The arguments over whether several emerging nations can effectively hack BlackBerry devices give a rare glimpse of the shadowy world of state electronic surveillance already changing politics, espionage and business.
Saudi Arabia and the United Arab Emirates are both in dispute with Canadian smartphone maker Research In Motion, saying they want access to the encrypted phones to monitor security threats. Both are threatening to block its messenger function.
The row highlights a growing gulf between the idea of a free Internet and the desire by a growing number of authoritarian governments from China to Iran to control information and deepen surveillance to tackle dissent and insurgency.
Indian security agencies are also demanding access to BlackBerry messages as a condition for further expansion, saying they suspect militants used the handsets to help plan the 2008 Mumbai attack in which 166 people died.
Lebanon and Algeria are making similar demands.
It is part of a wider trend, said Jonathan Wood, global issues analyst at London-based consultancy Control Risks, which advises companies on security, corruption, politics and other issues.
After 9/11, you had this huge expansion of Western powers monitoring electronic communications for national security. Other countries are now catching up. The difference is they want to use it more broadly.
That could range from monitoring and thwarting millions of potential dissidents to gaining advantage in business deals -- a particular worry for Western firms sometimes in competition with state-backed companies.
Most countries say there are strict controls over authorizing electronic intercepts -- but it is often impossible for outsiders to tell how they are actually used.
It's obviously going to be a concern for Western business, said Wood. You have the risk that some of this information may be used for commercial purposes.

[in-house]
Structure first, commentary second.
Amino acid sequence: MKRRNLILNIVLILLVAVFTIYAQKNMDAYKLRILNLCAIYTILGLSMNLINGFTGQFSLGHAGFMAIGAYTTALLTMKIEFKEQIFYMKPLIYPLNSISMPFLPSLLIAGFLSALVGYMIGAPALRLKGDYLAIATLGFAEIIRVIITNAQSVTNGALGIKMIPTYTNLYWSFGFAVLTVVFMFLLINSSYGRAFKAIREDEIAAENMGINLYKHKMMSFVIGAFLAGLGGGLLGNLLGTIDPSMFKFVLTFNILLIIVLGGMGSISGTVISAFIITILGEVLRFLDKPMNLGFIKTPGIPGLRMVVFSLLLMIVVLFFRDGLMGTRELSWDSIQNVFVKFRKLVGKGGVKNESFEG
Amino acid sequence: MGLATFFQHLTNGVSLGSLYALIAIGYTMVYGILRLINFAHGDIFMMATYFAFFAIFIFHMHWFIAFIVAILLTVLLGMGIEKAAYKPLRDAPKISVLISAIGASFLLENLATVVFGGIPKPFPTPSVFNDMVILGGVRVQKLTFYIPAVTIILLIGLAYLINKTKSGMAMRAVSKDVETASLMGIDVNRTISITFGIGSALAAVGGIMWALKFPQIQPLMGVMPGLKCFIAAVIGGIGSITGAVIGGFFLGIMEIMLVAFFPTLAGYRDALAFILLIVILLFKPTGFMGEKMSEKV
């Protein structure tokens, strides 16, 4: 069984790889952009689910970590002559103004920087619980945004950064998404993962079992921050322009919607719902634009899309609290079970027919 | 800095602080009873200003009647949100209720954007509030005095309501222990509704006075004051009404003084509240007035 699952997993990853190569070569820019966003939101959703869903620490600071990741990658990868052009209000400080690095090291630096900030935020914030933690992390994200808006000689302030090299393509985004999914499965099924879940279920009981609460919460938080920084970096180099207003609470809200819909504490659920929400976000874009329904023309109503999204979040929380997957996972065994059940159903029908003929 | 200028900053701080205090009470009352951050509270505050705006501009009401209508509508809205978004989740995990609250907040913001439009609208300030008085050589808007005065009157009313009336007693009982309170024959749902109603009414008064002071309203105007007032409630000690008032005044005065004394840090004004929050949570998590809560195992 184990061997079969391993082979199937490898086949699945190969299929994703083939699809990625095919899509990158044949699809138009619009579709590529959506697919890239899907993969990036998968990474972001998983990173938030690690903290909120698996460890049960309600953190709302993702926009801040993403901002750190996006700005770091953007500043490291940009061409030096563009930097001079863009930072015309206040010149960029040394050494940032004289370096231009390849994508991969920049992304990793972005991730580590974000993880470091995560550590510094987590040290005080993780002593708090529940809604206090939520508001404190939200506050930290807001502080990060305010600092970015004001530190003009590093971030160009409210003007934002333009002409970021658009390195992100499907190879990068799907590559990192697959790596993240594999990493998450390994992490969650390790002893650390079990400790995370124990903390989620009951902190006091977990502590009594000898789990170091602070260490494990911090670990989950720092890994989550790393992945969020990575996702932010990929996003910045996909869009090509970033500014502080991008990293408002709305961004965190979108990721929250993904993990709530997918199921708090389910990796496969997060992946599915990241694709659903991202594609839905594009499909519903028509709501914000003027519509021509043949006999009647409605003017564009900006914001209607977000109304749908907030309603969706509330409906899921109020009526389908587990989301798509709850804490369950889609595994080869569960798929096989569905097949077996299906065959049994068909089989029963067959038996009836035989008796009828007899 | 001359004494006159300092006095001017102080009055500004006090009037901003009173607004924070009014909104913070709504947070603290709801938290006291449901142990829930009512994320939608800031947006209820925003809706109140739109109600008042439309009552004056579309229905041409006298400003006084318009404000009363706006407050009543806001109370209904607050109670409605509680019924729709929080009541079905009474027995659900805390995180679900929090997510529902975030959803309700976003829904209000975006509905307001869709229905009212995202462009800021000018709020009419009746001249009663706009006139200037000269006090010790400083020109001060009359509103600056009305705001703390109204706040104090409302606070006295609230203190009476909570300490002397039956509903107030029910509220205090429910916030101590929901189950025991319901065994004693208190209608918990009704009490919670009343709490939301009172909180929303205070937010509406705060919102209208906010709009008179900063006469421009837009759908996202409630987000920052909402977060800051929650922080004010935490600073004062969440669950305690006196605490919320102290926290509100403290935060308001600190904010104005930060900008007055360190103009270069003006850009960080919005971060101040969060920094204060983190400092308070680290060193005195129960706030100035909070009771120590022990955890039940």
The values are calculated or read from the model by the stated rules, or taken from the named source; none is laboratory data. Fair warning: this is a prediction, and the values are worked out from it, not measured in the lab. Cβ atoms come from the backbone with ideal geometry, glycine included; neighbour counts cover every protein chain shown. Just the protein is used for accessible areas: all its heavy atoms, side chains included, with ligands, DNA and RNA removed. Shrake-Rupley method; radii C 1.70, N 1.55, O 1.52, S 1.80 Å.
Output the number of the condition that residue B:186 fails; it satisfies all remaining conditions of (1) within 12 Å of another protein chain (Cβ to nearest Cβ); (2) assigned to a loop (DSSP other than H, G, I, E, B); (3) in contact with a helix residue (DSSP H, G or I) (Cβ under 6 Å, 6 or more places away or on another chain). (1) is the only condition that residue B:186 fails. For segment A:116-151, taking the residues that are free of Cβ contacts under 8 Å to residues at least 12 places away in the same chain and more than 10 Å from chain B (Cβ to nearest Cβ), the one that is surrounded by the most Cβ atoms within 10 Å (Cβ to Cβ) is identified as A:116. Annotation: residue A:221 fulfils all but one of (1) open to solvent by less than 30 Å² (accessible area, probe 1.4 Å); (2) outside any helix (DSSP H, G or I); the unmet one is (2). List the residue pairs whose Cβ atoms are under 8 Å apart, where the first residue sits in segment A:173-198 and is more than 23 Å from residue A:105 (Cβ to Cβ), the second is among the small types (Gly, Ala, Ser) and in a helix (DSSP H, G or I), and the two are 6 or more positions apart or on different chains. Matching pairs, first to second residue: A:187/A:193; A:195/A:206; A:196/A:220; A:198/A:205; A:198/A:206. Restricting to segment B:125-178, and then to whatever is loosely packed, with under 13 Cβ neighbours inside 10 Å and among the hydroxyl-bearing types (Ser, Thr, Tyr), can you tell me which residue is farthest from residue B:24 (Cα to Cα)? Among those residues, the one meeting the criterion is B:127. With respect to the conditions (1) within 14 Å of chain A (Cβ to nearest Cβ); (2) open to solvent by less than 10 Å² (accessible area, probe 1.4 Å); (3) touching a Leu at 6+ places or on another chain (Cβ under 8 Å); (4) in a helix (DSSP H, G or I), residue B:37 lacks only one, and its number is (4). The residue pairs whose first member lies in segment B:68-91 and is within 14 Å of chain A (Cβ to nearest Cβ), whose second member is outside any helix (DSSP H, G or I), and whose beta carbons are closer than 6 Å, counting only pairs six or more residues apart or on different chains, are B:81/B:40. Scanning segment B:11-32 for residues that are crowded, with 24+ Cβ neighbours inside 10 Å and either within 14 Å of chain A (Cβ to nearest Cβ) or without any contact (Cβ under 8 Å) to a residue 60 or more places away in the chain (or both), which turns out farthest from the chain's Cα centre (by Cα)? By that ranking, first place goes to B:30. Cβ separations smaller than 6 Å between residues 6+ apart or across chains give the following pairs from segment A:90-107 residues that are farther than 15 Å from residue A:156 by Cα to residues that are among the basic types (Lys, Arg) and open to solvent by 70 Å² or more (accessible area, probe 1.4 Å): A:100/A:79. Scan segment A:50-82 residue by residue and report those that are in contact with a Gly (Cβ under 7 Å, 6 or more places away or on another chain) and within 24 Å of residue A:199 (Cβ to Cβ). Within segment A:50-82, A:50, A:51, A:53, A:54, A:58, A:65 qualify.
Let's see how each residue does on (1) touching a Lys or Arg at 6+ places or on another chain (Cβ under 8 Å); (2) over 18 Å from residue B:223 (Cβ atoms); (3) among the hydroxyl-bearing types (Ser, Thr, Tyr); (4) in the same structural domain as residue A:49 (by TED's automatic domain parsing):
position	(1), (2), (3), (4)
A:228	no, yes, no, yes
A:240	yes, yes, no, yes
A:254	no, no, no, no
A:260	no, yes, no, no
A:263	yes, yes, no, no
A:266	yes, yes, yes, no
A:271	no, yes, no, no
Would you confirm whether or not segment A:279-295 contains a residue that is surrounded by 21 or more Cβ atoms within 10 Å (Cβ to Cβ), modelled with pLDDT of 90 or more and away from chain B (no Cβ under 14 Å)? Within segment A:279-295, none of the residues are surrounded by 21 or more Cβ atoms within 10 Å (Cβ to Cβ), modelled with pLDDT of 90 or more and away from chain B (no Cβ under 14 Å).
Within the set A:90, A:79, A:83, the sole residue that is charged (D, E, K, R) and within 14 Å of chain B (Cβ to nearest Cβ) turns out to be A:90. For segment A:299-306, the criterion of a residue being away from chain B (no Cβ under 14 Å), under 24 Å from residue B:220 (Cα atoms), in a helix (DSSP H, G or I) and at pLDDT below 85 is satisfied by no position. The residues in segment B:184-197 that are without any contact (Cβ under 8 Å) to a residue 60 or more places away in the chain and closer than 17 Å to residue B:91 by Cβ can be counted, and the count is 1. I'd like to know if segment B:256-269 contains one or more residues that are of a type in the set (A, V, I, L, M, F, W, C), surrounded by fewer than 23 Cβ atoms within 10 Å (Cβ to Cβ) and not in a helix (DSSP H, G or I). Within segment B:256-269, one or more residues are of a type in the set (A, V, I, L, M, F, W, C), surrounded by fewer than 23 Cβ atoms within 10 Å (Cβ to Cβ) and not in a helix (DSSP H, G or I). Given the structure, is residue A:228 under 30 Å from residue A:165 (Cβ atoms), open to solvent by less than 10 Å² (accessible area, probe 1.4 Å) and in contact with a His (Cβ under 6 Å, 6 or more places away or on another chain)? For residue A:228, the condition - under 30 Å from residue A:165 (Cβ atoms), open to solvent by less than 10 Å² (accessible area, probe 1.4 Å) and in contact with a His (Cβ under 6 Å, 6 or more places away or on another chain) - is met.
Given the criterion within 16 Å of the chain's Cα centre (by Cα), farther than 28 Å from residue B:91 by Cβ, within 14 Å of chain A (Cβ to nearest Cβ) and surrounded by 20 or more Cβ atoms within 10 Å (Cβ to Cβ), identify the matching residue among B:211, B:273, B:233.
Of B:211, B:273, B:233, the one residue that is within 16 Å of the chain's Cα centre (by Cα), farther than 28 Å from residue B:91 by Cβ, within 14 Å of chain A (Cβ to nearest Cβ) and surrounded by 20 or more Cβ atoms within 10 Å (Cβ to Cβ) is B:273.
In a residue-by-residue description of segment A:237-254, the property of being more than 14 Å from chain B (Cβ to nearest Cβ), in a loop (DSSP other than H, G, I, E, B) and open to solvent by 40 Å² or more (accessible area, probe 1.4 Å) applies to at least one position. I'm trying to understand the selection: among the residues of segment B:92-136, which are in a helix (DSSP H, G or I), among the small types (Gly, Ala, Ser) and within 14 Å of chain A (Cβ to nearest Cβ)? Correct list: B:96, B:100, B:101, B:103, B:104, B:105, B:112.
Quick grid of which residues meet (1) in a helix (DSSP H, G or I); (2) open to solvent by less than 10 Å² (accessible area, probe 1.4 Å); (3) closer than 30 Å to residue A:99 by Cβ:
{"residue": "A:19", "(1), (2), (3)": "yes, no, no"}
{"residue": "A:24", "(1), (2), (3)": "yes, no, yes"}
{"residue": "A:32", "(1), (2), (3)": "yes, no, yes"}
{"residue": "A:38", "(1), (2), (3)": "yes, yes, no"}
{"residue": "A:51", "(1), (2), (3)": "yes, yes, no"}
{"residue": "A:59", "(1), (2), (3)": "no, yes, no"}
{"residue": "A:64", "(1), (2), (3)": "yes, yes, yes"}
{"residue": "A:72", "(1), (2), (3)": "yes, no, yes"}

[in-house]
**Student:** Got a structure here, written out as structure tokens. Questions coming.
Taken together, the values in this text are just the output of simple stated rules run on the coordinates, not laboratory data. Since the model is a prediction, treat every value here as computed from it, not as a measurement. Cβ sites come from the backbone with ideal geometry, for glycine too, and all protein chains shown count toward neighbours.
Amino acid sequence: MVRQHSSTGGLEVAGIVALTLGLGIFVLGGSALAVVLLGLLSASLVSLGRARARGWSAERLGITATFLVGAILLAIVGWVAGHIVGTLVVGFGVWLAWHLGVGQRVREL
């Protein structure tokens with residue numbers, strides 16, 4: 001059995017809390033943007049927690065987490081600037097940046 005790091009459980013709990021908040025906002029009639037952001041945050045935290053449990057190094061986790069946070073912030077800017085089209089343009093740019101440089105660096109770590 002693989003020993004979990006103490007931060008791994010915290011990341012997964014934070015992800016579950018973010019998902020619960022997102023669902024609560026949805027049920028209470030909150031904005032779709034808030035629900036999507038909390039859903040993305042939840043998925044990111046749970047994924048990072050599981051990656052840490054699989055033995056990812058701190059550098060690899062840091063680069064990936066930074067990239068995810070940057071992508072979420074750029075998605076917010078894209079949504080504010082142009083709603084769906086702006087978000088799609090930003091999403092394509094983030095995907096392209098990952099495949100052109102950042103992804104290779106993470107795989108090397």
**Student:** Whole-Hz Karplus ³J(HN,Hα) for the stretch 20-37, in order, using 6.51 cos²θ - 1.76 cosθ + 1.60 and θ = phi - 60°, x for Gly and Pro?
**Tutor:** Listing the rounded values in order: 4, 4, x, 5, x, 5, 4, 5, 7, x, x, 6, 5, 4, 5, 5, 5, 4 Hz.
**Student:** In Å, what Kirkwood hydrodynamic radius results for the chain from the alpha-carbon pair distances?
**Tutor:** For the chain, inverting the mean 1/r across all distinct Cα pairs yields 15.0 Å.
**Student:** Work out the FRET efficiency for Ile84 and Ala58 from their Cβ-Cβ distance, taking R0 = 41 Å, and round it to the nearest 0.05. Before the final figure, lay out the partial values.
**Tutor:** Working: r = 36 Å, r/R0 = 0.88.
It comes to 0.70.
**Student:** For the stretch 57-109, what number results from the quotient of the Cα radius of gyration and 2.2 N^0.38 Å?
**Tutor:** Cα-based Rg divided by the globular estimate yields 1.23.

The BlackBerry in particular has become a ubiquitous tool of bankers, company executives, political activists and diplomats. Its government-level 256-bit encryption is at the heart of its appeal.
BlackBerrys are used for planning everything from coffee meetings to debt restructuring and corporate mergers, from protest marches to romantic liaisons -- often as their jetsetting users travel casually through several countries.
Many firms in sensitive sectors already control use. Lockheed Martin said staff used BlackBerrys in the Gulf and elsewhere but with restrictions.
The corporation has rigorous standards and protocols on how we process and communicate sensitive information, spokesman Jeffrey Adams said. Cyber security is a global concern.
Some argue there is already a double standard. BlackBerry servers are located in the United States, Britain and Canada. Few doubt that intelligence agencies in those countries have access to them.
Perhaps as a result, France has banned its officials from using the devices. But most analysts say Western efforts have focused mainly on trying to use electronic intercepts to track a small number of militants, organized criminals and others including child pornographers.
Some emerging nations are clearly targeting political dissenters for whom cheap, hard-to-trace electronic communications have made organizing much easier.